Deputy Attorney General Rod Rosenstein called Russian interference in the 2016 US election "one tree in a growing forest" of malign cyber activity when he unveiled the Justice Department's Cyber-Digital Task Force report in his speech at the Aspen Security Forum on Thursday in Colorado.
Rosenstein made no mention in the speech of President Donald Trump's meeting Monday with Russian President Vladimir Putin and his subsequent flip-flopping on Russia's involvement in the 2016 election, but he did take aim at Russia's influence and strategies to protect against "malign foreign influence operations" and other cyber threats.
The Russian effort to influence the 2016 presidential election is "just one tree in a growing forest," Rosenstein said.
"Russian intelligence officers did not stumble onto the ideas of hacking American computers and posting misleading messages because they had a free afternoon," he added. "It is what they do every day."
He warned of a continued threat and the report highlighted five types of operations the government must counter: cyberattacks on election infrastructure such as voter registration databases and voting machines; targeted attacks on political organizations, campaigns and public officials; covert operations to help or hurt campaigns; the spread of disinformation on social media; and the use of lobbyists, foreign media and other organizations to influence lawmakers and the public.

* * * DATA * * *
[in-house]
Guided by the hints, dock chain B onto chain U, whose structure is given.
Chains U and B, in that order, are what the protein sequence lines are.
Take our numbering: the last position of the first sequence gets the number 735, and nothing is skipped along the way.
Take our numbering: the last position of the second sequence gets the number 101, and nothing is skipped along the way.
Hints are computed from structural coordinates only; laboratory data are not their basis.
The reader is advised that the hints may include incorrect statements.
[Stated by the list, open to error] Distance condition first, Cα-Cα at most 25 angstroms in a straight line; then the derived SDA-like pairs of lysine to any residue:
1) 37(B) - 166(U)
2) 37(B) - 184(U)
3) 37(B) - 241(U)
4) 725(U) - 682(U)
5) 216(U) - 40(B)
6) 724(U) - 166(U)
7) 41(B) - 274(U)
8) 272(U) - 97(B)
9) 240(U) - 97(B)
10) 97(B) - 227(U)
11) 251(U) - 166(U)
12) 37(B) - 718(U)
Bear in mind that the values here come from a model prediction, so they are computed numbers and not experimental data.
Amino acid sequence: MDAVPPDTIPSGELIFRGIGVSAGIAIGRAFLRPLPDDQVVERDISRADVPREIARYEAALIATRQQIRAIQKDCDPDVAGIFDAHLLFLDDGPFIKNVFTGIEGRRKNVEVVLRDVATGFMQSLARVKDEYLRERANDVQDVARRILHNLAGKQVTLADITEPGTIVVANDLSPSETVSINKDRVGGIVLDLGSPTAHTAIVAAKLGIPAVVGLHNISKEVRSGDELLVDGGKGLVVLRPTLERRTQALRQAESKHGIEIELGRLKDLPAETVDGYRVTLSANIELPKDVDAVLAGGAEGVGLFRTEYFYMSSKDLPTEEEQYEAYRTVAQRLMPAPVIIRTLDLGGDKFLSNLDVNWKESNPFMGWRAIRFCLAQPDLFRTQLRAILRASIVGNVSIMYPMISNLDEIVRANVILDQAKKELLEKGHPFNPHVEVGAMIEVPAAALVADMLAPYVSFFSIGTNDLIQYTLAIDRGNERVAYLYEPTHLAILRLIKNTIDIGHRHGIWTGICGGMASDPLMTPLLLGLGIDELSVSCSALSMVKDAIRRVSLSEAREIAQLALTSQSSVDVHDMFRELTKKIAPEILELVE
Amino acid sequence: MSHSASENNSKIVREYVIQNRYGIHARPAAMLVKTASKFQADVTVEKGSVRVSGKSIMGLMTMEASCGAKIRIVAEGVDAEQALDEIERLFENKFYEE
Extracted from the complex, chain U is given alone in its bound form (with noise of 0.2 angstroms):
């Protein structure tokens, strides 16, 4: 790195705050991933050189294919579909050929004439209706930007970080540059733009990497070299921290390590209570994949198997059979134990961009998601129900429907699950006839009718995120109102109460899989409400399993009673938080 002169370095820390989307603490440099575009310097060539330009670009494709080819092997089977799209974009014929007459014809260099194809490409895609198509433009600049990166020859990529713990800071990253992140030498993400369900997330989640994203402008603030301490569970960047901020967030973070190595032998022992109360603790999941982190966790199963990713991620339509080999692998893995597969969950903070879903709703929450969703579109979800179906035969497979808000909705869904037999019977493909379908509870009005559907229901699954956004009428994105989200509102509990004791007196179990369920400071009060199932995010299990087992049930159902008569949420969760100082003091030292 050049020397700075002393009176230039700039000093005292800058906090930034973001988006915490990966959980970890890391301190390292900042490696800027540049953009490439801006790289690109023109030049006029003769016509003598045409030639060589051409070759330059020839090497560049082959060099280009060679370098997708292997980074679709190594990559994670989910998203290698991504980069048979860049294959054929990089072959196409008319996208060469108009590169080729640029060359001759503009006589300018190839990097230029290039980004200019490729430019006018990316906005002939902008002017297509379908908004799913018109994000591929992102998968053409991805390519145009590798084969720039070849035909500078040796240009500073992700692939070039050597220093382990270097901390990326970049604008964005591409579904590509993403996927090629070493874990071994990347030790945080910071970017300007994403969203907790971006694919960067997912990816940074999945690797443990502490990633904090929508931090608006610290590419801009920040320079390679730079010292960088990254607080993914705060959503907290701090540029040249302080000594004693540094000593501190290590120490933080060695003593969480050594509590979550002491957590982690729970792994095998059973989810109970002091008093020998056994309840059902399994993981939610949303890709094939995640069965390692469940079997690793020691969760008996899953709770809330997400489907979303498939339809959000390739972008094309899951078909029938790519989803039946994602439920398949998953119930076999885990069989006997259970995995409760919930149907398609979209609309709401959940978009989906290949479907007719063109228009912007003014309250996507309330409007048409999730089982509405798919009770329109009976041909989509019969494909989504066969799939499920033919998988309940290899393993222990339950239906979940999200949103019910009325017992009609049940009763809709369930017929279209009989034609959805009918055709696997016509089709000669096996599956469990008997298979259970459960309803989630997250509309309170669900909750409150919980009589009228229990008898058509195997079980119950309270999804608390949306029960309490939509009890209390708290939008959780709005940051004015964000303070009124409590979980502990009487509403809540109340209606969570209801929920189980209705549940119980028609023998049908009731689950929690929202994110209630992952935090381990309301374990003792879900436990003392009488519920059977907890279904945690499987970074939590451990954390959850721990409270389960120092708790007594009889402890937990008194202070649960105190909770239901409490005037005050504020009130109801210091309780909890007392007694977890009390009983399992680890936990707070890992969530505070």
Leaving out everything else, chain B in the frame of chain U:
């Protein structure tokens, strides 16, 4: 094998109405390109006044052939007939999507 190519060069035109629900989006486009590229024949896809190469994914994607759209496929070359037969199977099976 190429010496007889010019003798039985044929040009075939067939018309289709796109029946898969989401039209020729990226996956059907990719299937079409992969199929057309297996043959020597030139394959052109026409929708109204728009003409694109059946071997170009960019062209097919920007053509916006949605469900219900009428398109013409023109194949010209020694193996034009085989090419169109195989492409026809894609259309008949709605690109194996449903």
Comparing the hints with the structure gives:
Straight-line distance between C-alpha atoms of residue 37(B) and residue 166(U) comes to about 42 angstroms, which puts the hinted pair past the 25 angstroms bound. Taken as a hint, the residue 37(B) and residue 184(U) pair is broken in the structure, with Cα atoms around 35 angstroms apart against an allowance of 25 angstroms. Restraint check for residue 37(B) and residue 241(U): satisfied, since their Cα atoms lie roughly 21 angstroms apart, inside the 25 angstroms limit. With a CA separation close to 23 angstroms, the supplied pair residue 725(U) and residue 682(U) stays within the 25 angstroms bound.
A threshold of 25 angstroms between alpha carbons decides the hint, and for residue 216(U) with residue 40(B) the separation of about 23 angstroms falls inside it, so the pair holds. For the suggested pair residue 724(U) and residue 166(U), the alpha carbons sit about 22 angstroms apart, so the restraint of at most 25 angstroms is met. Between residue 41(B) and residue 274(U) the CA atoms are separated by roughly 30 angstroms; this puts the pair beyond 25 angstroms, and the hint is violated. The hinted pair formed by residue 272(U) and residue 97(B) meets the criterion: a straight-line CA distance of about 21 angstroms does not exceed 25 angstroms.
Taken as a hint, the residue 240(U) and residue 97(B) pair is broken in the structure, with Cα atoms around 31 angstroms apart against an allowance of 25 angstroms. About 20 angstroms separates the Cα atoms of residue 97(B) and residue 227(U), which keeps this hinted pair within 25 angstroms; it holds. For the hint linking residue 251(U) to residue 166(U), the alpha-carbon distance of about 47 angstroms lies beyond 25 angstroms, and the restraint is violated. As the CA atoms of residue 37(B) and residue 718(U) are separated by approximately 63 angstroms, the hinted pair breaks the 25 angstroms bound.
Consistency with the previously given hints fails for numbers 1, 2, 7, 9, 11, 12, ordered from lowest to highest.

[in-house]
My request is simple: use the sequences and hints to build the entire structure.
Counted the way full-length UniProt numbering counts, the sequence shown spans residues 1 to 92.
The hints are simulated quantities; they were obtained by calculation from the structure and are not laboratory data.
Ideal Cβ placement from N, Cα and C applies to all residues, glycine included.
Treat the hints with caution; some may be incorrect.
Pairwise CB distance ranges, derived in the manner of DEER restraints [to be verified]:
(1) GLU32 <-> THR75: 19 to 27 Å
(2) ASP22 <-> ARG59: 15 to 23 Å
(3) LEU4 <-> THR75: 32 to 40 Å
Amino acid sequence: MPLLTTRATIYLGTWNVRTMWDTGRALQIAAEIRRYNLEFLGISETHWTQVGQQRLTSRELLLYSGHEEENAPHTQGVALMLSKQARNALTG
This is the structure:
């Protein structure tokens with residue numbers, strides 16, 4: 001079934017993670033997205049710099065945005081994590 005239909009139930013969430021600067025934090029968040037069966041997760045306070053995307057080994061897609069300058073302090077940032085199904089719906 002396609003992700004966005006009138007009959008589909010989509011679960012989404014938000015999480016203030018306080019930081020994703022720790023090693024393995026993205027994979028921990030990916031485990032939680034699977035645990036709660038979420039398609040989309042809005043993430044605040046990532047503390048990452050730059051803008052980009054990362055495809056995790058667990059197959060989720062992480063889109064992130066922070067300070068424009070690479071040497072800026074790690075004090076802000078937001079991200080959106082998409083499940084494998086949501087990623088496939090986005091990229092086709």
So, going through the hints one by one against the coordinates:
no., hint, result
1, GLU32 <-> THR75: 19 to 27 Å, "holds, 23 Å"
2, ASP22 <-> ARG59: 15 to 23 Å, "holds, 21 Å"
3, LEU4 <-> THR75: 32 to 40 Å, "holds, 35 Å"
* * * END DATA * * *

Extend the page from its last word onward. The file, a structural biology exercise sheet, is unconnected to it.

"Russia's intelligence services conducted cyber operations against both major US political parties in 2016, and the recent indictment of Russian intelligence officers alleges a systematic effort to leak stolen campaign information," Rosenstein said.
To counteract these strategies, the plan is to work with other federal agencies to identify bad actors and inform the public who they are; ; inform political organizations, campaigns, candidates and public officials about threats; support actions like financial sanctions; and have social media providers help identify foreign influencers and boot them off their platforms. The report also suggests aggressive investigation and prosecution -- even of bad actors who live in countries that don't extradite their citizens
"Do not underestimate the long arm of American law -- or the persistence of American law enforcement," Rosenstein said, pausing for applause. "People who thought they were safe under the protection of foreign governments when they committed crimes against America sometimes later find themselves in federal prisons."
"Foreign governments should not be secret participants, covertly spreading propaganda and fanning the flames of division," Rosenstein said.